Pornography is no longer a poison creeping into the crevices of our popular culture. It is part of the very fabric. One sensation at a recent Apple conference for new and developing applications in San Francisco was the “i-Porn bikini girls” advertising free X-rated films for your i-Phone. It sounds like a whole new reason to fear people using their mobile phone while they drive.
Free porn sites are all over the Internet now, with zero restrictions or minimal electronic barriers against curious children who might be in for a very crude shock within seconds, just with the still photos on the home page. Even the most mainstream of video sites are inundated with pornography and its promoters. YouTube touts itself as the world’s most popular portal for Internet videos. It has become so big it’s even promoting a new technology called YouTube XL to put its videos directly on your big-screen TV.
A new study by Matthew Philbin and Dan Gainor of the Culture and Media Institute (CMI) found that YouTube is stuffed with porn videos. But a search for the word “porn” found more than 330,000 results. Out of the 157 “porn” clips that received more than 1 million views, almost two-thirds (101) advertised themselves to be actual pornography. Those 101 videos had 438,318,147 combined views – or 1.38 views for every man, woman and child in the United States.
YouTube claims it’s “not for pornography or sexually explicit content.” It’s just not against it, either.
Pornographers of all kinds exploit YouTube to drive traffic to their sites and products. Twelve percent of those 101 videos mentioned porn stars by name or were obvious clips from porn movies. In addition, there were thousands of videos and repeated comments that served only as advertisements for hardcore-porn sites, “dating” and escort services, and phone sex lines.
Particularly troubling are animated videos listed under “porn.” Several videos put profanity and sex talk over classic Disney cartoons, like one called “Aladdin Porn.” (Disney ought to be the first powerful player putting a stop to that.) Fans of Japanese anime cartoons can find the animated porn called “hentai,” and skip over the 18-plus barrier or gravitate to hard-core sites the same way they could access live-action sex clips.
CMI also found that gay content, including pornography and ads for gay escort services, are rampant. There are 11,900 gay channels on YouTube, including 459 “gay porn” channels. A search for “gay porn” returns 52,700 individual videos. YouTube even promotes homosexuality on the home page. On the night of June 17, one featured video was a promo for a cheesy new British movie called “Lesbian Vampire Killers.”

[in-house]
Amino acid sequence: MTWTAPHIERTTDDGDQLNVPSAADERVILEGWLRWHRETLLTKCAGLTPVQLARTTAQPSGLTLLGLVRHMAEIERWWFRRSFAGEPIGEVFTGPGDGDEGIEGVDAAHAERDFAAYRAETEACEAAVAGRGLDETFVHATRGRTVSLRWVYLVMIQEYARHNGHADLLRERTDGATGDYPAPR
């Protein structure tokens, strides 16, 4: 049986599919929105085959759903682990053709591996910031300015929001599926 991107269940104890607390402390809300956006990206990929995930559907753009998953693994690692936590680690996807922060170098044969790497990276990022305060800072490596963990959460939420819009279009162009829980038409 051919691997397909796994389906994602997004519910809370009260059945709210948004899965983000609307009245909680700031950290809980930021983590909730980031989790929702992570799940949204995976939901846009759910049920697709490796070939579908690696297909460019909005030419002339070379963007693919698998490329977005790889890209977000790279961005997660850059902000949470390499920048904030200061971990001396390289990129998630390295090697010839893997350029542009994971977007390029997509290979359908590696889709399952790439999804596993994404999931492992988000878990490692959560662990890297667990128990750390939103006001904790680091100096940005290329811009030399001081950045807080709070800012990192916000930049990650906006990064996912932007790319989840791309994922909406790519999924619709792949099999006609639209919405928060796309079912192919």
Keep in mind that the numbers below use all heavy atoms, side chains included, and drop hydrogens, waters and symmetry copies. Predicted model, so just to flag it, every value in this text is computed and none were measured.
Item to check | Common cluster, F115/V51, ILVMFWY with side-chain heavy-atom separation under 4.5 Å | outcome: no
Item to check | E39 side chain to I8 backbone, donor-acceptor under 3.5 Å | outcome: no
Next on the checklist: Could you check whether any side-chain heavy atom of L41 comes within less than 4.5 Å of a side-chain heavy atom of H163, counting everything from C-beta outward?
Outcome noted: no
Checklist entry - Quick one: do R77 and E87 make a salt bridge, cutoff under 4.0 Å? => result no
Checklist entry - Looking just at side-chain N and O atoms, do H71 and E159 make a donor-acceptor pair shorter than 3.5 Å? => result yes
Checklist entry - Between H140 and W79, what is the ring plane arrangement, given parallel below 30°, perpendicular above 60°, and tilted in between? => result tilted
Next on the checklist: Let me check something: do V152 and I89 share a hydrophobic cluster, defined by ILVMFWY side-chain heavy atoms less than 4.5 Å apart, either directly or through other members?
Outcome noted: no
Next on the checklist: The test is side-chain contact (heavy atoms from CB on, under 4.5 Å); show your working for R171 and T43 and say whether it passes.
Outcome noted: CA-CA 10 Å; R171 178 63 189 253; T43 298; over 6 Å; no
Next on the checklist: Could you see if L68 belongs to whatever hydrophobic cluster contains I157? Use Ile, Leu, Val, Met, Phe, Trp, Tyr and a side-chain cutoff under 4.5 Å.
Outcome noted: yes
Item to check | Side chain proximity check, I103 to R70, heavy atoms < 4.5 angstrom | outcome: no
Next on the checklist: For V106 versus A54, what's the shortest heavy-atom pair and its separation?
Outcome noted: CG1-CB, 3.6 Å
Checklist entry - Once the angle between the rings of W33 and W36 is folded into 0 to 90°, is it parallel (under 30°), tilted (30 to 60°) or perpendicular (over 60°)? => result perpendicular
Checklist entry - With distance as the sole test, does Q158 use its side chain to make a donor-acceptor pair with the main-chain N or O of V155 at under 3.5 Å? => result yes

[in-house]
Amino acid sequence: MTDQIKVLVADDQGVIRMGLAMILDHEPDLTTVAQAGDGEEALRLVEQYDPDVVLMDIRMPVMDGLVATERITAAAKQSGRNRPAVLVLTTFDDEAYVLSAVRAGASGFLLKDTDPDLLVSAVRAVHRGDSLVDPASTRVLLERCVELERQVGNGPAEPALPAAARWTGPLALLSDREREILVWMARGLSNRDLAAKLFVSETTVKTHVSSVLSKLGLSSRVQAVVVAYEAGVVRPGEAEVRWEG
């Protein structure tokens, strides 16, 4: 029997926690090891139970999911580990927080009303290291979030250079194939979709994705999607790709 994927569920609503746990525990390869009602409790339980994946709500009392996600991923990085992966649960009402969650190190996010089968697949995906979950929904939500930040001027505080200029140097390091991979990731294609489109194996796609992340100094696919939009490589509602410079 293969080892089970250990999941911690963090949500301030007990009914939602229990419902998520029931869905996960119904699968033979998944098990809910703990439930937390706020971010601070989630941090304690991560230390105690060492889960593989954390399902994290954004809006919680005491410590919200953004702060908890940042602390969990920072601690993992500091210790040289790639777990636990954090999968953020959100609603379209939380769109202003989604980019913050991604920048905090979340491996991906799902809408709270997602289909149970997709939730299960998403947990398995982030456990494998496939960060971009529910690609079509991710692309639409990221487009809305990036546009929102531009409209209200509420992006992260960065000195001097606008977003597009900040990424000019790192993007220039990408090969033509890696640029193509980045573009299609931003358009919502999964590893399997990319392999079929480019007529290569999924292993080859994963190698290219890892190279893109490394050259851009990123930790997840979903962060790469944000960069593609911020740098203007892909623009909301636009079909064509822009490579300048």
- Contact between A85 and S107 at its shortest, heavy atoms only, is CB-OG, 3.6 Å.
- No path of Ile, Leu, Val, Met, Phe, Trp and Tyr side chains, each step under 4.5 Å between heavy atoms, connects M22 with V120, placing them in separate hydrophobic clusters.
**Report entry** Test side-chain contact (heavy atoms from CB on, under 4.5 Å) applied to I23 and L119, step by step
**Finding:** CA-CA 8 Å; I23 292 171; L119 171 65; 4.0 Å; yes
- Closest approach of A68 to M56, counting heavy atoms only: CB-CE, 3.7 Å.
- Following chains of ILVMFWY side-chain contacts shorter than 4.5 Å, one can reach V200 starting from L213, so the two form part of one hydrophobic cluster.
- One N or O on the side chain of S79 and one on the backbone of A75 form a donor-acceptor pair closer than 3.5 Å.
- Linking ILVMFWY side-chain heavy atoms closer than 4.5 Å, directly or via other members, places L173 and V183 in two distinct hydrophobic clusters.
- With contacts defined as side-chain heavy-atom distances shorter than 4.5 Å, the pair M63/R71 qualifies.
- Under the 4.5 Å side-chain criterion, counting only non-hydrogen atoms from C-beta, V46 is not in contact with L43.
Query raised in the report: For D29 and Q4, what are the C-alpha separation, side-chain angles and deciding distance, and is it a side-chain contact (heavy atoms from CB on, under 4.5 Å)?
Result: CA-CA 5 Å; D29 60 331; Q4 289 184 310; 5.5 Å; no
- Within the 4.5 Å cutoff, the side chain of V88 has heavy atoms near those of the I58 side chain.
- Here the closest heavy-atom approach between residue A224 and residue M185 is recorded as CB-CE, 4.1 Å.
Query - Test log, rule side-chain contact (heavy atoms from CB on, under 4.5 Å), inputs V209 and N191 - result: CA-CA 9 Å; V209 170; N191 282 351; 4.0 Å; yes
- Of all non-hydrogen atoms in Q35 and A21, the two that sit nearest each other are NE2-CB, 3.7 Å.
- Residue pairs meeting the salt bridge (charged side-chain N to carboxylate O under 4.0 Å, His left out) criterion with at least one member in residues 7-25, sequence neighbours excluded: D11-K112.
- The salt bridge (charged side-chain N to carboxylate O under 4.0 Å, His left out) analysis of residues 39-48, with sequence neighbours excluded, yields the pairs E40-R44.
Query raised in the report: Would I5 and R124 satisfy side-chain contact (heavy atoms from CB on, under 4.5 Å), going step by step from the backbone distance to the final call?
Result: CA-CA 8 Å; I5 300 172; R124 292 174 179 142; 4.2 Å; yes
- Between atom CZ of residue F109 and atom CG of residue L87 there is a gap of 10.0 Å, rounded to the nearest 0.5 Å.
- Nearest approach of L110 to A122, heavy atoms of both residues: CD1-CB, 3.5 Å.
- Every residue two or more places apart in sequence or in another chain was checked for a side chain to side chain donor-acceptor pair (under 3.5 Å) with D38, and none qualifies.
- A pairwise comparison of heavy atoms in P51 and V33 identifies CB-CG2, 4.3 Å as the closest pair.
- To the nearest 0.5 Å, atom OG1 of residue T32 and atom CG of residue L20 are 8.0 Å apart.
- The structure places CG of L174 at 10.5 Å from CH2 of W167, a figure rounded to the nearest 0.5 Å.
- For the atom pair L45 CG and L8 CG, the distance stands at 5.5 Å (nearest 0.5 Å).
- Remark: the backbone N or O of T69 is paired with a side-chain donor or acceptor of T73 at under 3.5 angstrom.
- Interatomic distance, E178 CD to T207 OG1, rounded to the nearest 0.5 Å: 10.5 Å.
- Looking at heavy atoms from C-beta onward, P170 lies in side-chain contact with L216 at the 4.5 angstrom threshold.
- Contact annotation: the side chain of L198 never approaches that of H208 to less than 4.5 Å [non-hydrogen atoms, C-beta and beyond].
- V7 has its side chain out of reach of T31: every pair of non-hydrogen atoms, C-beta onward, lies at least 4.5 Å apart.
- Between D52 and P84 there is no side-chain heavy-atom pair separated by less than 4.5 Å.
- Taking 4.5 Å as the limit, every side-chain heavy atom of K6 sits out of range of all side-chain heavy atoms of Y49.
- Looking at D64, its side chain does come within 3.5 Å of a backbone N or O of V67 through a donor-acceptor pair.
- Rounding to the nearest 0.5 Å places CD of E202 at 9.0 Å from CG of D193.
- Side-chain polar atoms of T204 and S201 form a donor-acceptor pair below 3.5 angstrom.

YouTube tells parents that its site is not appropriate for children under 13, but few videos are age-restricted. Some objectionable videos are flagged by users as adults-only. But all that’s required is to register and state that you’re over 18. That’s not encouraging when nearly half of boys and a third of girls ages 13-17 name YouTube as one of their top three favorite websites, and they can watch it anywhere on laptop computers and cellular phones with Web browsers. Computers are commonplace in public schools and libraries that may not have much adult supervision.
Besides, is YouTube seriously suggesting that porn is inappropriate for 13-year-old children but it’s okey-dokey for them at age 14?
After the Parents Television Council complained last December, YouTube implemented some reforms. Take profanity. Without parental supervision, every imaginable obscenity, including graphic sexual language, is rampant on the site. The F-word alone appeared in the titles of some 169,000 individual videos. YouTube recently offered parents a tool for filtering out dirty words (and even hiding all comments on video clips), but that protection only comes when vigilant parents look for it.
Last year, the search an innocent child would make for Disney Channel pop stars like Hannah Montana drew not only profane comments, but inappropriate advertisements for horror movies. A search for Hannah Montana today finds only advertisements for J.C. Penney and other Disney child stars, so that’s an improvement.
But as the CMI study insists, YouTube must construct “a far more formidable barrier” than its easily entered 18-plus category to protect children from graphic sexual content that parents wouldn’t want their children to view. Just as a parent wouldn’t let their child wander through a seedy neighborhood of sex shops, it’s now impossible for parents to avoid watching their children carefully negotiate the Internet. Isn’t there anyone in the corporate power structure at YouTube who worries about what their own children can find on their creation?